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Kayak Fishing Basics: My Tips After 40+ Years Of Experience

Kayak fishing is great. I love easy paddling on a beautiful stream or river, and being able to surgically target likely places to catch fish.  I’ve been doing it for over 40 years, long before it became popular. Needless to say, until recently, I never read much about kayak fishing, and when I did, I was a bit taken aback. Apparently, everything I have been doing for over half a century has been wrong.

It is not my intention to be argumentative, or make any assumptions about anyone’s opinions. But I feel that information on a lot of stuff nowadays is geared more towards selling merchandise rather than providing real information. My goal is to try to put things in perspective, at least as far as kayaks are concerned.

D0 I Need A Specific Kayak Type to go Fishing?

According to all the hype, in order to fish from a kayak, you need a special yak, most likely a Sit On Top (SOT) style, equipped with a pedal-drive, pontoons, battery-powered SONAR, etc…. Kayak Fishing Gurus (whatever the heck that is…other than people I’ve never heard of before…) tout techniques and equipment that would make a Bass Tournament addict salivate.

Any kayak is good to go fishing!

I have enough experience to say with complete confidence that you do not have to have a special kayak to fish. Any kayak that floats, even a whitewater model, will work for fishing. SOTs are not my favorite model, but they do work. I never heard of an SOT until the 1980s, after rotomolding was perfected. I personally do not consider an SOT a kayak, because you can’t do half of things you can do in a Sit Inside Kayak (SIK). All the ones I have paddled seemed slow, unstable with a higher center of gravity, and they maneuvered like a pregnant manatee. SOTs were developed from paddleboards, which were just the old-style long surfboards that people stood on and paddled. Rotomolding allowed manufacturers to make them with an integrated seat and footrests. But again, if you like them, by all means, go out and catch some fish in one. I’ve used them a few times. They do offer a little less cluttered ride than a cockpit, but it comes at the expense of protection from some of the elements, the ability to roll, and a few other maneuvers. Again, any kayak that floats can be used for fishing. All you really need to fish is something to hold a hook, bait or a lure (and yes, I have used cane poles and tight-lined from a kayak), and a paddle. So when you are looking for a kayak to fish from, pick the yak you feel the best in, and don’t worry about the accessories. You can add those yourself, later, if you feel they are needed. Put your money into the boat, not the accessories. Don’t buy a $200.00 yak with $500.00 worth of accessories on it, unless you really want it.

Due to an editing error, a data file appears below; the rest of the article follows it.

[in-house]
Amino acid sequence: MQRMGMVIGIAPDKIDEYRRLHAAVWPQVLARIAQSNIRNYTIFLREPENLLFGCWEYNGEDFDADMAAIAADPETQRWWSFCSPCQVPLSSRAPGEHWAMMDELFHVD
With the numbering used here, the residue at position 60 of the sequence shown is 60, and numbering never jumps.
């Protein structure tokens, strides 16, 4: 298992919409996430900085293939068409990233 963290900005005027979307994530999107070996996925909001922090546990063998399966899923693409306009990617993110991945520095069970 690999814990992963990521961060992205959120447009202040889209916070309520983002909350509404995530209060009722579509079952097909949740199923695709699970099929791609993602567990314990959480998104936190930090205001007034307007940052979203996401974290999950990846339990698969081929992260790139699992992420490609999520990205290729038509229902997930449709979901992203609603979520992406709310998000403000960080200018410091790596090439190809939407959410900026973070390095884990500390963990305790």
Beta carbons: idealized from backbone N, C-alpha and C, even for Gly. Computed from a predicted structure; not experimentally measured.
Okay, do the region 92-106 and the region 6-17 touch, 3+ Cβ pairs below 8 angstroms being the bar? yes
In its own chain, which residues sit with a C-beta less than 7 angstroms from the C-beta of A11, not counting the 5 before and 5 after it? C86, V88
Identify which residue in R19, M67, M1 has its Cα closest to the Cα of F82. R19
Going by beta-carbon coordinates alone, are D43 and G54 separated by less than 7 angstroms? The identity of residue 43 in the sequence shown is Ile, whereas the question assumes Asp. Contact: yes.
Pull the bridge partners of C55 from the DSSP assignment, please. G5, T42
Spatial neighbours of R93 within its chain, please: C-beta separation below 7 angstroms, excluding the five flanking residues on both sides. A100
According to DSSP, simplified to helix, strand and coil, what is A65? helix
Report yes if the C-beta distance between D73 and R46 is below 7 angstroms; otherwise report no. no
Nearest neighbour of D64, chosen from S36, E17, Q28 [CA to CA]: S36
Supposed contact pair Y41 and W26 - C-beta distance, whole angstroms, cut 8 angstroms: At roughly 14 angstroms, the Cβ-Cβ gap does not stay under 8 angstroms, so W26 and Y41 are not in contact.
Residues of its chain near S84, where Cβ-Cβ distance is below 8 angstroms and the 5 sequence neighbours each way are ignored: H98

Can A Big Fish Drag My Kayak Away While Fishing?

I have actually read articles about kayak fishing that claim you have to compensate for ‘lure drag’ on the retrieve, especially when using lures with extreme action, like crankbaits. Huh? When I first read it, I thought it was satire, but no, the people were supposed to be ‘Professional Kayak Tournament’ anglers. I didn’t even know they had ‘Kayak Fishing’ Tournaments. But, sure enough, I’ve seen the same claims on dozens of websites. What are they using for lures, mini-submarines????

In all my decades of kayak fishing (none of it in tournaments), I have never had a lure move my yak towards it, no matter how hard I reeled. The nose may pivot slightly, but no ‘drag’. The pivot is mostly from shifting my weight from casting to reeling. I mostly use 4-8 lb. fishing line. Any force strong enough to pull my yak would break the line, and probably my rod as well. The reels drag would kick in way before that point, if it was set properly. But we’ll get more into this in a minute.

I have also read stories of being dragged by fish into unsafe conditions. Now, I will admit that if you have the brass to go ocean fishing in a yak, yes, there are lots of fish than can take you for a ride, which is why I do not recommend it. In fresh water….very unlikely. Maybe a very large Musky, or catfish, gar, or even a husky carp might drag you a little ways if you don’t have your reel drag set correctly, but 95% of the time, this will not be an issue. I put both of these claims into the same category as the, “Huge catfish by the dam that eats divers, so no one will ever dive there….”. Anytime I go to a new area, I have a standing bet with my wife on how long it takes for a local resident to come up and tell me this story about the nearby lakes and rivers.

Safety First: Can it Actually Be Dangerous To Fish From A Kayak?

Let’s examine the previous claims from a scientific point of view. I believe that Newton’s Laws of Motion are pretty well established by now. The First Law states than an object at rest or in motion will continue in that state until outside forces are acted upon it. If the forces are unbalanced, the object will accelerate in the direction of the net, or larger, force.